From One Language Project to Another

What I know for certain is that I will not end up on my deathbed regretting how I spent my time. I want my children to witness a life that is full of purposeful action, balanced with purposeful inaction. They’ll know that I am far more afraid of apathetic idleness than I am of failure. They’ll see that loving a hurting world requires courage, that courage comes from faith, and that faith comes from knowledge of the truth. The truth is that the battle is already won! This world is abounding with people who fear the future, the different and the unknown. Fear has no place in the heart of a real believer. So in my final words to you, our dearest and most faithful partners in the Gospel, I urge you to throw away your fear of this world. If you want your life to have consequence, then put to death your angst and alarm, and audaciously live out your faith with reckless abandon.

These were my final words from our last newsletter about our work with Wycliffe Bible Translators. The Refugee Language Project is the outcome of overcoming fear and living out my faith with reckless abandon. First, a bit of background for those of you who are justing meeting our family…

History: Wycliffe Bible Translators

Crystal and I were missionaries with Wycliffe Bible Translators from 2007–2016. For most of that time, we served the Ma Manda language group in the country of Papua New Guinea. After initiating contact with this remote group of 2000 people, we studied their language, established friendships, analyzed their sound system and grammar, developed their alphabet, and formed a committee to oversee future translation work. I also served as a linguistics consultant, helping other translators work through linguistic issues in their quest to produce accurate translations of the Bible. To this end, I even managed to get M.A. and Ph.D. degrees in linguistics. In spite of all of this experience, something changed two years ago.

What many don’t see is the fire burning underneath the surface, a fire that cares much less about dogma and degree than about serving my fellow man. I am passionate about this.

As I have told many of you, I found myself defaulting to my natural analytical gifting at the expense of pursuing my personal vision for ministry. That vision? To serve a lost and hurting world through genuine relationship. People often see me as task-focused, methodical, and introverted. What many don’t see is the fire burning underneath the surface, a fire that cares much less about dogma and degree than about serving my fellow man. I am passionate about this. You’ll come to know that about me. After my dad’s death in 2015, I began to think about how my actions were misaligned with my personal goals.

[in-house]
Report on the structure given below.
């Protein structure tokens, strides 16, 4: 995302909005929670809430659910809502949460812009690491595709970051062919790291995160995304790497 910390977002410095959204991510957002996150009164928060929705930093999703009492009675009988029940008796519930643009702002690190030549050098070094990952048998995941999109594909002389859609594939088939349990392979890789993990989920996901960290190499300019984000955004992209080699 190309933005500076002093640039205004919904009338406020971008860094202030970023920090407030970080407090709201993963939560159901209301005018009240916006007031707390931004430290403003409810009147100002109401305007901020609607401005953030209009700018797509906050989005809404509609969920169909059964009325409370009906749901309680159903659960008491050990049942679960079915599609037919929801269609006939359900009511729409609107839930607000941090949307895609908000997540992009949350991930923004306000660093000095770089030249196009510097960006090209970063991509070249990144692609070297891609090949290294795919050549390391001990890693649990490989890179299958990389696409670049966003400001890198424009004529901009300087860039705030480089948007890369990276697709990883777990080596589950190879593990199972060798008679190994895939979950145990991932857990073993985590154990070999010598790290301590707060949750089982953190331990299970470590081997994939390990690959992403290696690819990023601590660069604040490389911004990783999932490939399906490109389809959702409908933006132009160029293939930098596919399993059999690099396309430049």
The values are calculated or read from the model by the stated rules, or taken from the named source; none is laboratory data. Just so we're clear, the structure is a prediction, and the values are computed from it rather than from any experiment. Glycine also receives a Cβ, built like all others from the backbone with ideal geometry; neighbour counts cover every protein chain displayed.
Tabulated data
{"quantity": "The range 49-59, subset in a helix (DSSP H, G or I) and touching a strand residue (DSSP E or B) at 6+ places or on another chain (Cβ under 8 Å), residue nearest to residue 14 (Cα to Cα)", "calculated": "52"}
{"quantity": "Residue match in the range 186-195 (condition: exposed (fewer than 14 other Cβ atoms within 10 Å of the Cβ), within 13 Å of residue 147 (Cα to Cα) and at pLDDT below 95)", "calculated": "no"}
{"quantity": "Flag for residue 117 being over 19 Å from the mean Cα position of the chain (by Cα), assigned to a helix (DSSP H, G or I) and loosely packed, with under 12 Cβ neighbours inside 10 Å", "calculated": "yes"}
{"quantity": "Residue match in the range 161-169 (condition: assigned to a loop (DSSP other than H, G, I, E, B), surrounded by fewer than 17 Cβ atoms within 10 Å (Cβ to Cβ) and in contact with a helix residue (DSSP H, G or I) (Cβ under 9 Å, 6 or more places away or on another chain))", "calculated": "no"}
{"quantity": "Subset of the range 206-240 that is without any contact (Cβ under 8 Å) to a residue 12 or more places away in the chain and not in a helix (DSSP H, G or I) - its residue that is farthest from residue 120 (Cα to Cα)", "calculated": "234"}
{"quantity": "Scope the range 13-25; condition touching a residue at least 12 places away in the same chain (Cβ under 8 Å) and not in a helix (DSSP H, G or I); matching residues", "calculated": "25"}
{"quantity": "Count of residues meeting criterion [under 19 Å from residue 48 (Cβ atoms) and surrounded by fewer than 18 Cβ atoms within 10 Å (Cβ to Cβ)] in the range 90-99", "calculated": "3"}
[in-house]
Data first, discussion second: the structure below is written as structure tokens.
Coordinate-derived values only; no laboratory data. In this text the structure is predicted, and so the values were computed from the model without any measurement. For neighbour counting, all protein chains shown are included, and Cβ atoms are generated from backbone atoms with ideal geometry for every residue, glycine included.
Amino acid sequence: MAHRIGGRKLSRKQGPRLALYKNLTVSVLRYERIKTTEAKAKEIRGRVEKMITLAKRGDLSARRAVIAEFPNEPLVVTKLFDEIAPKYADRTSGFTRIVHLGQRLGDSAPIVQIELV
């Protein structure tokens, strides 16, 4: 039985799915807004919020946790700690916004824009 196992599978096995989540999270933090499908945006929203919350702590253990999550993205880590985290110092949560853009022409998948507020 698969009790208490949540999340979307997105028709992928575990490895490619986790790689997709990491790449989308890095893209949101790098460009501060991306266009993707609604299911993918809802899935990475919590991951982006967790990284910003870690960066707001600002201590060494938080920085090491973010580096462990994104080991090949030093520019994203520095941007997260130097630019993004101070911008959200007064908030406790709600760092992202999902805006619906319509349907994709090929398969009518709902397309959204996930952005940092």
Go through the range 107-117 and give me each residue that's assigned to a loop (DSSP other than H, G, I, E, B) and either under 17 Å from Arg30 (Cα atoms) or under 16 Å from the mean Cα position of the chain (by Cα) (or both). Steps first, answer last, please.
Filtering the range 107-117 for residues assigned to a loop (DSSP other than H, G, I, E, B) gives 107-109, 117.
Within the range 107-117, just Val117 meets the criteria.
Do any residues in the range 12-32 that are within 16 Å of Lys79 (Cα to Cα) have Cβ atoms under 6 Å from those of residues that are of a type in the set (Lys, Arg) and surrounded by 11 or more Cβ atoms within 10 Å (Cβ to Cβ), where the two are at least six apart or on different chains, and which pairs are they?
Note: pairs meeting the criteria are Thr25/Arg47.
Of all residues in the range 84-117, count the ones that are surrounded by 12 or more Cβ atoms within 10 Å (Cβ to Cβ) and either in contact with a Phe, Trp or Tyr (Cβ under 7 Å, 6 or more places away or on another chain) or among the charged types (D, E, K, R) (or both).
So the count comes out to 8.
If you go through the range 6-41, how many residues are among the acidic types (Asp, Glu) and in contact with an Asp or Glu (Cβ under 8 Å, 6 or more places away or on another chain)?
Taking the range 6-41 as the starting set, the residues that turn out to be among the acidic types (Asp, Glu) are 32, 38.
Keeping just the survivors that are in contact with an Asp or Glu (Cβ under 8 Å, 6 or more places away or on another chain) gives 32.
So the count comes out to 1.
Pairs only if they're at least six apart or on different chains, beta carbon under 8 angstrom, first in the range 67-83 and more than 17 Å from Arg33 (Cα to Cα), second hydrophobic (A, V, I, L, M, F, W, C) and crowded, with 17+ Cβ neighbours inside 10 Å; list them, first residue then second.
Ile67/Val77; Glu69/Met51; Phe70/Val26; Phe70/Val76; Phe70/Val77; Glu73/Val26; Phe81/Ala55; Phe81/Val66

Years ago, when we snapped a picture of my daughter looking out over Saut Village (see the picture above), I pondered our future there. I would often look at the mountain peaks across the ravine and imagine them as footsteps. What was the next step? What was my calling? Was I headed in the right direction? Now, looking back, I see things differently. I see that not every calling is permanent. I see that God’s will for the lives of believers is a playground to enjoy, rather than a tightrope from which to fall. I see immense freedom.

I see that not every calling is permanent. I see that God’s will for the lives of believers is a playground to enjoy, rather than a tightrope from which to fall. I see immense freedom.

Future: Refugee Language Project (RLP)

These past months, I have refined my focus and revised my vision. I searched far and wide for a way to use my experience and expertise to serve a hurting world in a practical way. Eventually I was able to overcome my fears and jump into a new language project. That project is called the Refugee Language Project. It’s still a work in progress, but now is the time to begin.

Eventually I was able to overcome my fears and jump into a new language project. That project is called the Refugee Language Project. It’s still a work in progress, but now is the time to begin.

The Refugee Language Project will focus on removing the language barriers that are preventing refugees from participating in community and engaging in our society. The long-term vision is to give these refugees a voice, and to foster compassionate and sustainable community in our region. This will be accomplished by (1) training ESL teachers, (2) coordinating local ESL initiatives, (3) mentoring refugee leaders, and by (4) creating events that allow relationships to develop between refugees and local residents. One type of event that I am particularly excited about is Table Talk. We’ll host free weekly dinners where refugees can show up and practice their English with volunteers.

Right now though, we are asking a lot more questions than we are answering: What are the biggest needs? Which needs are the most urgent? What are we equipped to do? Where are the majority of Somalis living? What about the Congolese? How can we raise the money we need to tackle such a big vision?

If you are excited about our growing vision, would you consider giving?

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